Amnesty Declares Israel an Apartheid State

by Paul Gregoire
Apartheid Israel

The understanding that Israel is operating as an apartheid state, whereby Palestinian citizens are systematically discriminated against and oppressed has been growing. But there still exists a fierce resistance to asserting this on mainstream media platforms.

This is likely to change, however, as Amnesty International has this week declared that Israel is indeed running an apartheid system.

Released on 1 February, the human rights organisation’s Israel’s Apartheid Against Palestinians: Cruel System of Domination and Crime Against Humanity report outlines why the Israeli system of governance warrants this distinction, basing this on 280 pages of evidence.

“Palestinians have been calling for an understanding of Israel’s rule as apartheid for over two decades and have been at the forefront of advocacy in that regard at the UN,” the report reads.

“Yet states, particularly Israel’s western allies, have been reluctant to heed these calls, and have refused to take any meaningful action against Israel.”

Amnesty sets out that the crime of apartheid is apparent both in Israel and the Occupied Palestinian Territories, and it entails subjecting the Palestinian people to land and property seizures, unlawful killings, forced transfers, restrictions on movement, and the denial of nationality and citizenship.

The crime of apartheid

Entering into force in July 2002, the International Criminal Court’s Rome Statute lists the crime of apartheid as a crime against humanity that involves the maintaining of an “institutionalised regime of systematic oppression and domination by one racial group over any other racial group or groups”.

While the UN General Assembly adopted the International Convention on the Suppression and Punishment of the Crime of Apartheid in November 1973. It stipulates that the acts involved in this crime were apparent within the system of racial segregation operating in South Africa at the time.

The UN convention outlines that apartheid acts include denying a racial group the right to life or liberty, via the murder of its members, inflicting serious bodily or mental harm upon them, as well as the arbitrary arrest and illegal imprisonment of the targeted group.

Further apartheid acts involve the imposition of living conditions designed to destroy, legislative measures preventing participation in political, social, economic and cultural life, laws dividing a population along racial grounds, exploitation of labour and the persecution of opponents.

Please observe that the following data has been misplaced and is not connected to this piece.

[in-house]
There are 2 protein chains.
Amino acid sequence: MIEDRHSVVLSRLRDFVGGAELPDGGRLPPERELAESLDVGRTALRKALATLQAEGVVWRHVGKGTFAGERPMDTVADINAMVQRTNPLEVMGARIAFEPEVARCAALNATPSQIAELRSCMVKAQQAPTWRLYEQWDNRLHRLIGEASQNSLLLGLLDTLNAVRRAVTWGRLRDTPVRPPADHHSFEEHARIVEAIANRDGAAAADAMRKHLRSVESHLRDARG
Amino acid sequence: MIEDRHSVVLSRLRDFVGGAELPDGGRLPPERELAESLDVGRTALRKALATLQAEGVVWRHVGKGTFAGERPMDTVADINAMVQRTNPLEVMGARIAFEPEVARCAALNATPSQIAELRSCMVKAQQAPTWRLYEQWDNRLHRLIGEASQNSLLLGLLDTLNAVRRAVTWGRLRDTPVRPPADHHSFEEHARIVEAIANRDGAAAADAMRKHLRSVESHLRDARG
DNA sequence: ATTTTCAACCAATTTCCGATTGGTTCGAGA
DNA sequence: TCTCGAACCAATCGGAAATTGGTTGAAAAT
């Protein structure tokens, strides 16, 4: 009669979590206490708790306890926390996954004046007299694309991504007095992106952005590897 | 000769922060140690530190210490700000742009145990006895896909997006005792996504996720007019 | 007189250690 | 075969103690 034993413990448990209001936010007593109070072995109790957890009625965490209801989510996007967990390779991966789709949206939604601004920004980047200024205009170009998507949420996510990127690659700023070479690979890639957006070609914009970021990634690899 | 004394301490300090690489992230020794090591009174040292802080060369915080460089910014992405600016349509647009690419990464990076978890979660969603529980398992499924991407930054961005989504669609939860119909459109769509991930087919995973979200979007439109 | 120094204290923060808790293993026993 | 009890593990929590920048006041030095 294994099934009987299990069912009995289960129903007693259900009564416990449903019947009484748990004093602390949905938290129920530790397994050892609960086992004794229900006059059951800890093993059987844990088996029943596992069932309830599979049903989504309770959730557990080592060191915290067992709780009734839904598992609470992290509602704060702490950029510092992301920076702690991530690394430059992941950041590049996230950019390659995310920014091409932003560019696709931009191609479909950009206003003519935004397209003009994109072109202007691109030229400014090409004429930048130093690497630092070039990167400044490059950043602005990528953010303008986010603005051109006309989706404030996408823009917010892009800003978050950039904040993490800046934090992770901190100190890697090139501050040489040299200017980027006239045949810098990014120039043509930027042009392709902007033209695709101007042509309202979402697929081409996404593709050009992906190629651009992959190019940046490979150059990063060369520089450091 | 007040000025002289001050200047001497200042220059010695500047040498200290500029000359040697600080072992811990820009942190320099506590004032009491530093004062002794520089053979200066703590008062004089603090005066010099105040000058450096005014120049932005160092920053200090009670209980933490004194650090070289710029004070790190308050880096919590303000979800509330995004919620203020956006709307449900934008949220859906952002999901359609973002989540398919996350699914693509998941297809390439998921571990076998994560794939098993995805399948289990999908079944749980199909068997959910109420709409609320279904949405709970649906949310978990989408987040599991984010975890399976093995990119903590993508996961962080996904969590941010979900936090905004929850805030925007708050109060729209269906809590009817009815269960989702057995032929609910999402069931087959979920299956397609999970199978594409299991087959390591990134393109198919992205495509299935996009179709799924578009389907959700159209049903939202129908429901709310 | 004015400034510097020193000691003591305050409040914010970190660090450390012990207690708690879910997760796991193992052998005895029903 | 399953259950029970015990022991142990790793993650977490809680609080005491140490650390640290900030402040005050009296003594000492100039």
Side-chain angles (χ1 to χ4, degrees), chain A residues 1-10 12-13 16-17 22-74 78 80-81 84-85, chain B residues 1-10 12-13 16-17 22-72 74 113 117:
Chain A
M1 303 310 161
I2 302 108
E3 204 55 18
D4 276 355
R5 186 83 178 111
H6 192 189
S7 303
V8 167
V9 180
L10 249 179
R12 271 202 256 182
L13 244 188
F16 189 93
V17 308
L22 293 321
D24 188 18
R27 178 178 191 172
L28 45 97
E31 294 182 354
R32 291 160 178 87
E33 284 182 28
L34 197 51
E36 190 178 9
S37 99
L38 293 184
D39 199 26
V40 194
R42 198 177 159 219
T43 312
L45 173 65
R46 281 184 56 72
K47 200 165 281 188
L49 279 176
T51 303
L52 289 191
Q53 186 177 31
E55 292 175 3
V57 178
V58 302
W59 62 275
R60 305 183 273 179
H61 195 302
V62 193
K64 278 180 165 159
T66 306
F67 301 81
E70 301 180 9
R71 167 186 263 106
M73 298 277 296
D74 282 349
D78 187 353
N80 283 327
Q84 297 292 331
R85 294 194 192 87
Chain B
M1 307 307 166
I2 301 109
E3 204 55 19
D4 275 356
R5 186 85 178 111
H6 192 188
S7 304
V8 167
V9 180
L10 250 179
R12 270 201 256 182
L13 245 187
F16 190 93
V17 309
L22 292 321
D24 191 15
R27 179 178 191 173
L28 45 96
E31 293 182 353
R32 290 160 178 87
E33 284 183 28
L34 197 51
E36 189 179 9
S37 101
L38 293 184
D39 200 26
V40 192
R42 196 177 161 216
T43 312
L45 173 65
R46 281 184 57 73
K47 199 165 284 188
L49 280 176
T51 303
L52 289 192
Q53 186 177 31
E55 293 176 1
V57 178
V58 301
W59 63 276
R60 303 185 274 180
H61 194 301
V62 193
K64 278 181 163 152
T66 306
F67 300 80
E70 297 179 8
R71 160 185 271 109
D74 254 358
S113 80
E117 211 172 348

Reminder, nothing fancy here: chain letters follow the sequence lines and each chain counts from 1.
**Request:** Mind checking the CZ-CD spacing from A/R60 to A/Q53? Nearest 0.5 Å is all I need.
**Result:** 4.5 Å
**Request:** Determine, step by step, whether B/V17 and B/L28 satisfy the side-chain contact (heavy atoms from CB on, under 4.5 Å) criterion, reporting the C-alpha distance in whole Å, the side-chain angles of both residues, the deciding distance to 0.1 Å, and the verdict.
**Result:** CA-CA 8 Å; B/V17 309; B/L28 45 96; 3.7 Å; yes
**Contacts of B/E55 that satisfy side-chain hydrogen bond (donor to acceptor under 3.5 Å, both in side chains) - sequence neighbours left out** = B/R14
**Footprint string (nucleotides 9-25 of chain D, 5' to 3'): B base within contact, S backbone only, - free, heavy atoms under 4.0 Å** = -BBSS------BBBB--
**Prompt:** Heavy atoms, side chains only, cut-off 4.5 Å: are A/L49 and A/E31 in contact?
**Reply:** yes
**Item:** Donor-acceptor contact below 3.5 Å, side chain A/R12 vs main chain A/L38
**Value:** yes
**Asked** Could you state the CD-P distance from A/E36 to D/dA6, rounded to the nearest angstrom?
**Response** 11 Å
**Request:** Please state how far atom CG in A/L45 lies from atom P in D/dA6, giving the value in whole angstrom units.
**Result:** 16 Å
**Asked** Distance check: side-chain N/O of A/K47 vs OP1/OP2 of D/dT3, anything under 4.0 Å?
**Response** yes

The Anti-Apartheid Movement launched a global boycotting campaign against South Africa, which placed such pressure on the De Klerk government that it dismantled the nation’s decades-long system of racial segregation and oppression in the early 1990s.

The Boycott, Divestment and Sanctions (BDS) campaign is calling on people around the globe to do the same in relation to Israel right now.

Free Palestine

The Knesset – Israeli parliament – passed the Nation-State Law on 19 July 2018, which enshrined apartheid into law. The legislation stipulated that only Jewish people have the right to self-determination in Israel, and it downgraded Arabic from an official language.

Last May, Israeli forces subjected the open prison that is Gaza to another aerial onslaught. The eleven day assault that took place during the COVID-19 pandemic resulted in 248 Palestinians being killed, a quarter of whom were children.

The Amnesty report outlines that the catalyst for the violence was an 18th of May day-long general strike held by Palestinians across Israel and the occupied territories, which signified that despite Israeli attempts to fragment Palestinian society, the nation continues to stand together as one.

Receive all of our articles weekly

Author

Paul Gregoire

Paul Gregoire is a Sydney-based journalist and writer. He has a focus on social justice issues and encroachments upon civil liberties. Prior to Sydney Criminal Lawyers®, he wrote for VICE and was the news editor at Sydney’s City Hub. Paul is the winner of the 2021 NSW Council of Civil Liberties Award For Excellence In Civil Liberties Journalism.

Your Opinion Matters